I live in the same house since 1974 in the San Fernando Valley of Los Angeles, and I wave to everyone who passes by. I wave because the passerby might be a neighbor. I don't really know. I recognize one person who lives in a house one side of my house, and if someone comes out of the house on the other side, I'll wave and say hello. The situation on our street wasn't always this isolating, but we are now the most veteran residents on our street, and very often a house changes hands and we are not made aware of it. But a community it isn't.

We do have a community. We have our Havura. We have a group I call the "exiles of the JCC," now shut down who meet at a senior residential center to provide programming for their residents by participating in our groups. Unlike most of our friends, our children live within driving distance, and we are in touch with them continually, but family is not what we mean by "community."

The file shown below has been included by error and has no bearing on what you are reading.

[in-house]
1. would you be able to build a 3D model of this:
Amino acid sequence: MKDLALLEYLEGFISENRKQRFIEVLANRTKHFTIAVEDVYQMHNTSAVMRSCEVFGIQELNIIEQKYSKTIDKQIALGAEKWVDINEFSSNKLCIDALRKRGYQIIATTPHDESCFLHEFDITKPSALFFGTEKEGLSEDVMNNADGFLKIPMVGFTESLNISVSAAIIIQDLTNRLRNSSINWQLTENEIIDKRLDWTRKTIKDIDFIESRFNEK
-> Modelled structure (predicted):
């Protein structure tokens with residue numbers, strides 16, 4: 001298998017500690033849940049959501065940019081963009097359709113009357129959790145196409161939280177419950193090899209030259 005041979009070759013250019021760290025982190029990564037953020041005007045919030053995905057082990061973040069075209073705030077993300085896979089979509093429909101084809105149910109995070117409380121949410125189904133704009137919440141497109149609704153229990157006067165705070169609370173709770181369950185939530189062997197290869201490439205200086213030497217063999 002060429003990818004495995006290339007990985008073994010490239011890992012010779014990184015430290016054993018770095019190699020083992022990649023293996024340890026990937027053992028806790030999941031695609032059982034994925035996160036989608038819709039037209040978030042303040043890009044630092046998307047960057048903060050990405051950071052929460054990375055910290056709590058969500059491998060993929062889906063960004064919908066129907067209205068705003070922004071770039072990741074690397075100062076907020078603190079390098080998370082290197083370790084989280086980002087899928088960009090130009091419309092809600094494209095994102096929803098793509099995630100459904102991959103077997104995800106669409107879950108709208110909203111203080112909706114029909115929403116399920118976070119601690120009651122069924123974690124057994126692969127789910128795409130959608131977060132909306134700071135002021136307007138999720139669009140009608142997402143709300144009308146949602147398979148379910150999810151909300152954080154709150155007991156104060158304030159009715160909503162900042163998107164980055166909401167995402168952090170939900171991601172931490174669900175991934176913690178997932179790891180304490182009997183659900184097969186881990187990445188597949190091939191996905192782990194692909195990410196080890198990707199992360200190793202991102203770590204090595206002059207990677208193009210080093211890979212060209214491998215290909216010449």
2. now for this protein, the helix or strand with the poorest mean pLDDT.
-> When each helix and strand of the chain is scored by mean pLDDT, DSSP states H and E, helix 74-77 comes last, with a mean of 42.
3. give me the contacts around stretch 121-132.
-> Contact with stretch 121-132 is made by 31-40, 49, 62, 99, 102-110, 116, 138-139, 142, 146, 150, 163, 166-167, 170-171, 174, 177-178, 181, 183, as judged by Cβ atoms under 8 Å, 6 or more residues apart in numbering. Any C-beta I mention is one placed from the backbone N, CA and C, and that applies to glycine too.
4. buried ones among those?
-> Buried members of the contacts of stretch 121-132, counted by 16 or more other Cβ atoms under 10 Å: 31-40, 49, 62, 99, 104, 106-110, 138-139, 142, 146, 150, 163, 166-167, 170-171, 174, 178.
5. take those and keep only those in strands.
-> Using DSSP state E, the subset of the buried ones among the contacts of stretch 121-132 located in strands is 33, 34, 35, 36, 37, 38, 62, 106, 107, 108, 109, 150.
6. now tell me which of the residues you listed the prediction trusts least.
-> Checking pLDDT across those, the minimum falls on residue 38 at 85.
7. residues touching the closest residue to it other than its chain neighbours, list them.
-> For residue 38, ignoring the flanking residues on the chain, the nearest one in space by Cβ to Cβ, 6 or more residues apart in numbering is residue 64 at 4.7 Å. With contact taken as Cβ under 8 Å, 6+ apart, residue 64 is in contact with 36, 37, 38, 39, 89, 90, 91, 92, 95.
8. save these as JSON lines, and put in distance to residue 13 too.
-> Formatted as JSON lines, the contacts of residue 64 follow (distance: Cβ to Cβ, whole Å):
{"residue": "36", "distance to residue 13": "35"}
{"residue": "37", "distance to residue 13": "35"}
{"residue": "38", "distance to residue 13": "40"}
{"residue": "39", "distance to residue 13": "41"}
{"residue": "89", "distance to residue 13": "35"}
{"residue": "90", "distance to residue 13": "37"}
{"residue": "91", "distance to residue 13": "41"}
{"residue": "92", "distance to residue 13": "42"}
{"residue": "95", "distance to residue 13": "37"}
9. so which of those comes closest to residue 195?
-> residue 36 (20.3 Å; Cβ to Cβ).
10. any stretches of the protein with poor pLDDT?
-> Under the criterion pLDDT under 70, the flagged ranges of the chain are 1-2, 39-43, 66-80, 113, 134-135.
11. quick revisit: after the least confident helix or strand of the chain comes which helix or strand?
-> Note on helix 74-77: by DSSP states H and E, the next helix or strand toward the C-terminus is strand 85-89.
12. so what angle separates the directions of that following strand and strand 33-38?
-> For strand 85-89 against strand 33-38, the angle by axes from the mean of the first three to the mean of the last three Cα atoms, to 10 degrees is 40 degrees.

But modern life has drawn us apart geographically, while modern communications has overcome this geographic separation. However, face-to-face connections have not been replaced by this, although it seems to be an apparently acceptable substitute. But gestures, eye-contact, talk unmitigated by the presence of the face in most cases, are important part of our quotidian inter-human contact and is being lost.